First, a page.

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Discussion Starter #3
After balancing the tires 3 times without success they replaced the 4 tires I bought with 4 more of the exact same tire just in case there was a defect with one of the tires. They also did a balance on them and told me the tech noticed two bent rims. How he found this out or how he saw this I can’t say but he was taking the tires off and mounting new ones. That still begs the question of why I wasn’t told about bent rims when the tires were first mounted.

I know they weren’t bent before because I didn’t have any vibration before these new tires and because I had a mechanic check out my car for nose diving while braking and a grinding noise which I thought was shocks and maybe a wheel bearing. He checked out everything and did a test drive with me and a few while he had the car and there was no vibration or anything. He also said that the rim wasn’t at all bent when he had the car. That was one day before I went to get the tires as he was the one who told me my tires were worn and I needed new ones. I got the car back from my mechanic at 7 and had a 9am appointment with town fair tire the next day and I didn’t hit any potholes or anything on the way there. Unlikely that I’d be able to bend 2 rims in such a short time frame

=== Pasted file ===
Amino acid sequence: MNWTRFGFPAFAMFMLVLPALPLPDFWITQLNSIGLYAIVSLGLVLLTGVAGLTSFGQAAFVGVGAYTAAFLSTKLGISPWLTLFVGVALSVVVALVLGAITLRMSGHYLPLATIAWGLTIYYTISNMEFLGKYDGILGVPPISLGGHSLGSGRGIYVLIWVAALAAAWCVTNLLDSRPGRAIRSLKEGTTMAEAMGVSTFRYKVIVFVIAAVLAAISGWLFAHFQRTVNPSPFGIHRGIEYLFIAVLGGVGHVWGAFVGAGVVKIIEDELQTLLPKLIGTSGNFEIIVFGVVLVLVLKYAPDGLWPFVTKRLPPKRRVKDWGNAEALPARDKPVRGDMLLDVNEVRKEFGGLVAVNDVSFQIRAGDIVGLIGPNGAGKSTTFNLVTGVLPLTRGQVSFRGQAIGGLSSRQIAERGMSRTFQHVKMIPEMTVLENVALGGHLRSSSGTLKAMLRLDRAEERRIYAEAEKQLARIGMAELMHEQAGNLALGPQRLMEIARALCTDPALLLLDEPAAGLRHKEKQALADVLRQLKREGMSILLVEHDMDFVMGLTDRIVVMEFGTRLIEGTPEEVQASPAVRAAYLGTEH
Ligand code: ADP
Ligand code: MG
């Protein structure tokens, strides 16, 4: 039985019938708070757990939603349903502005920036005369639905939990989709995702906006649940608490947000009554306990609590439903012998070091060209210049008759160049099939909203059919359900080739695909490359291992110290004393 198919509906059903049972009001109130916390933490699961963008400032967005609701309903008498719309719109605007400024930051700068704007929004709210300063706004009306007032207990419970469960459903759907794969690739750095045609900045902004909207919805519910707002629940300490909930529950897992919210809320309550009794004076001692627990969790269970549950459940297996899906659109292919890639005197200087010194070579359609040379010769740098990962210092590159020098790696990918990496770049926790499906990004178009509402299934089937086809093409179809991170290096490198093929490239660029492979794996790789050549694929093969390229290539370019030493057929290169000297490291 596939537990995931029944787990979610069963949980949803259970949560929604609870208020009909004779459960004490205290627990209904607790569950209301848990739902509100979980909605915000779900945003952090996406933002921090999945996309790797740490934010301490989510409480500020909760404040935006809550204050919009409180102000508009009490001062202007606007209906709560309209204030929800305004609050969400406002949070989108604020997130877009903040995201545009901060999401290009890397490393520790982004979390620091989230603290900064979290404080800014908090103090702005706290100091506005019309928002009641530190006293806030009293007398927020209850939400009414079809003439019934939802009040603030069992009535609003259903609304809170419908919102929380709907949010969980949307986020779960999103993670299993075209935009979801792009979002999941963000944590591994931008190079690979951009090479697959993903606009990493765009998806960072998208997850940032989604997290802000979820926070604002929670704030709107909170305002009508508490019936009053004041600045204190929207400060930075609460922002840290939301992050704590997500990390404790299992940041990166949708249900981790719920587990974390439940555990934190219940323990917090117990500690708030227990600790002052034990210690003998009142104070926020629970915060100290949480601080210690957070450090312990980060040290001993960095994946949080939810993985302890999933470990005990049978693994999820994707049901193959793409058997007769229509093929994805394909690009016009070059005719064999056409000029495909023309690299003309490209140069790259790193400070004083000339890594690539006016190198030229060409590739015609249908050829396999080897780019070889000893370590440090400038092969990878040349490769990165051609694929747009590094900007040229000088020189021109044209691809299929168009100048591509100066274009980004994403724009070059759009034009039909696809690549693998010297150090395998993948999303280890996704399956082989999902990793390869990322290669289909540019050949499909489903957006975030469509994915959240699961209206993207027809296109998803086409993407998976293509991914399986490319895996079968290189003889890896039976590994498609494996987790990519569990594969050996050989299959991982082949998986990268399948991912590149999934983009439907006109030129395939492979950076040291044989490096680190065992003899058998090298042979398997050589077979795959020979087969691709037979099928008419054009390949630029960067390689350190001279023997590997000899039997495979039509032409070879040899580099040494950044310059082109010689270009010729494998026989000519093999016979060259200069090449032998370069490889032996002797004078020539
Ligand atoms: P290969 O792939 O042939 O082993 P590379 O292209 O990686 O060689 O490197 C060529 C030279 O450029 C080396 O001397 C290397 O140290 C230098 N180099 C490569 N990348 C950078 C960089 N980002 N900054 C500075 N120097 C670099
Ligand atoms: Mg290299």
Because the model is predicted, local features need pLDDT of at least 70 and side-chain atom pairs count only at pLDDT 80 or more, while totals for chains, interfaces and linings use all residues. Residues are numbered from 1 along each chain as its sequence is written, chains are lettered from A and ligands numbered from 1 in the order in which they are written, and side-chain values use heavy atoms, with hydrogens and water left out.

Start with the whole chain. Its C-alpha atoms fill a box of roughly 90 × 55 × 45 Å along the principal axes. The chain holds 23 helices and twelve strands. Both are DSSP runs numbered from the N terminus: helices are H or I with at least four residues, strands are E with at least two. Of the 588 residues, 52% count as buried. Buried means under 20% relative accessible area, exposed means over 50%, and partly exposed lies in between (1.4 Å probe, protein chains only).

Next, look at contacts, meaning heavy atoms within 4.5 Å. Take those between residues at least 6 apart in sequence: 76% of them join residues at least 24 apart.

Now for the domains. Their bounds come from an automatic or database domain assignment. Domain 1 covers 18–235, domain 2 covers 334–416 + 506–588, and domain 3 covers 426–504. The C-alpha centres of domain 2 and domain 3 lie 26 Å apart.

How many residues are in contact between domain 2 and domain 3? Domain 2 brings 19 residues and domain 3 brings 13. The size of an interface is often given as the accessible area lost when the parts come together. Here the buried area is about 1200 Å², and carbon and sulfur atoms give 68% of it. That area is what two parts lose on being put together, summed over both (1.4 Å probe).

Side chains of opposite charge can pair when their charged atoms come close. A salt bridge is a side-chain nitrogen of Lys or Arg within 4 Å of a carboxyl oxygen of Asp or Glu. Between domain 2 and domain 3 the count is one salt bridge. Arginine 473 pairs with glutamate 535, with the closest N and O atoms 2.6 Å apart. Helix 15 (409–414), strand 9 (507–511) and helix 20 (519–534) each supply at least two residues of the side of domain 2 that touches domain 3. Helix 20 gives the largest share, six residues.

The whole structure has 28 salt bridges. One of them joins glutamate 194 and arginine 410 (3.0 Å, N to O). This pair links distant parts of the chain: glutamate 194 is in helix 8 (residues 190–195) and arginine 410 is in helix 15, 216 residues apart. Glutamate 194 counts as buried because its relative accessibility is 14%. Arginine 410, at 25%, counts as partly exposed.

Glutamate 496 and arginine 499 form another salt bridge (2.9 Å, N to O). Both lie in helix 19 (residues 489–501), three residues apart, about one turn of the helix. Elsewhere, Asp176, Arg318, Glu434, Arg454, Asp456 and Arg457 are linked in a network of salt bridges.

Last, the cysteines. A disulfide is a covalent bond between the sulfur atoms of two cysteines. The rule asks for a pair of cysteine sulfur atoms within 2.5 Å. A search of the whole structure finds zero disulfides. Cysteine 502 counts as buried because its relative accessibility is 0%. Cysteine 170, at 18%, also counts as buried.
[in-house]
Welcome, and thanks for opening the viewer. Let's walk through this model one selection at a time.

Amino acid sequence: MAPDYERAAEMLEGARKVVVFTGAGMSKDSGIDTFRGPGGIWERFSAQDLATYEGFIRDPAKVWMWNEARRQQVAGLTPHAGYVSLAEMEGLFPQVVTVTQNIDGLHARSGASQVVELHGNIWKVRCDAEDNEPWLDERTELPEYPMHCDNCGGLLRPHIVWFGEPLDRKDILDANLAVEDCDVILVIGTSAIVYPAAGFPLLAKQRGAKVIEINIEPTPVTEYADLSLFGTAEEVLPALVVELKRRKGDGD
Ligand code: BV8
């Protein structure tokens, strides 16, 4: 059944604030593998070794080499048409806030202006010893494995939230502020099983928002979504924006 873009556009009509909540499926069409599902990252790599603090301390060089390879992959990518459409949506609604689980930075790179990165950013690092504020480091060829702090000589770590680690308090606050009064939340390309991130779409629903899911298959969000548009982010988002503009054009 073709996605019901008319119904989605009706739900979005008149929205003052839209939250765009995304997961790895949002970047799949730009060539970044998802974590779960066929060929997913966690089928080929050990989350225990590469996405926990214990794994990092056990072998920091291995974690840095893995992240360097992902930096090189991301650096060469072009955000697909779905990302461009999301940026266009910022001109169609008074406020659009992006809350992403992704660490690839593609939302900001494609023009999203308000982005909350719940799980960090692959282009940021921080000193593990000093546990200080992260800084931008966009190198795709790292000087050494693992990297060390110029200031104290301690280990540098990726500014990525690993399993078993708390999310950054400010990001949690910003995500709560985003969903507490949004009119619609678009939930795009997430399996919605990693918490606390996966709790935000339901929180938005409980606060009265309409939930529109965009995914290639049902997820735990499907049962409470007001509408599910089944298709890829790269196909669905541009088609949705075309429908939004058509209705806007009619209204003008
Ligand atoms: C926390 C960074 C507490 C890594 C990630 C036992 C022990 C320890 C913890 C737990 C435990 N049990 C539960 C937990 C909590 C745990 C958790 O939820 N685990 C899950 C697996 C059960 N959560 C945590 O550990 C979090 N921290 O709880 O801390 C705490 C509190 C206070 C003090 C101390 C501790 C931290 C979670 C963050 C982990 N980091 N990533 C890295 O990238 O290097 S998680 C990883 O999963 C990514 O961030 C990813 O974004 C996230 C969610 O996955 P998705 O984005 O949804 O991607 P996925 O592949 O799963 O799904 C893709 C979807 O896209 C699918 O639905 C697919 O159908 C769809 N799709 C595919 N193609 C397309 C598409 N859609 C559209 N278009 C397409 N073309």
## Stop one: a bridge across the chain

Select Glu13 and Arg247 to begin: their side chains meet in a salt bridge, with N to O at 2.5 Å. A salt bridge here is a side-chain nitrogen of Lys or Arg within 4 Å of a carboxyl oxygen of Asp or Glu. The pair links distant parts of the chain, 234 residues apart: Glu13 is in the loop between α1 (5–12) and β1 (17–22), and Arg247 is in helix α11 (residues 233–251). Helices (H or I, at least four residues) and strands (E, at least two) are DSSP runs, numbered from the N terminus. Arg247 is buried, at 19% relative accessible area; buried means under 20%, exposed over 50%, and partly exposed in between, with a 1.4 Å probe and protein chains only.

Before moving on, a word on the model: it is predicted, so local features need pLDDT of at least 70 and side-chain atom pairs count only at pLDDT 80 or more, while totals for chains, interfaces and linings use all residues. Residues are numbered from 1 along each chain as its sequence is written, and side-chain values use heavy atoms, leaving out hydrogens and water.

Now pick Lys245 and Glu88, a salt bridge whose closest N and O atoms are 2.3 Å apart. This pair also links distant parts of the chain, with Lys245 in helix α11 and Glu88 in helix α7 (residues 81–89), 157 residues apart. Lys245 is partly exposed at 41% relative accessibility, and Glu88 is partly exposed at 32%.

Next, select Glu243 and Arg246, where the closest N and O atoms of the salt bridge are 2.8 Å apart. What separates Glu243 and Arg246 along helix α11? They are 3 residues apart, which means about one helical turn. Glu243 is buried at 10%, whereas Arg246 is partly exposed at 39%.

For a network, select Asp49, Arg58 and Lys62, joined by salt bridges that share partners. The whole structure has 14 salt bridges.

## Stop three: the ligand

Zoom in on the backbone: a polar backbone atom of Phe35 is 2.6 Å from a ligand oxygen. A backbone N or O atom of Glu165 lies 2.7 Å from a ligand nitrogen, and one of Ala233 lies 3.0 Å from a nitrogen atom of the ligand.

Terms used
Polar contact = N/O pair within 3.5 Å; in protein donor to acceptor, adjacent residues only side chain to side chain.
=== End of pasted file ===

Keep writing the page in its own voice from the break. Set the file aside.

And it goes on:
I believe town fair tire does use hunter balancing machines as well as alignment machines plus I’ve had 2 different locations do it a total of 4 times. The 3rd and 4th of which we’re set up by management as I’d made them aware of the issue. I’d expect that they’d have made sure their best/most experienced tech was the one doing the balancing so it was done right. I could be wrong and maybe all the techs were incompetent but it seems unlikely. Just curious if the machine would be able to even bend the rim. Maybe if they dropped it from whatever height the machine is? I can’t imagine that being more than 3-4 ft though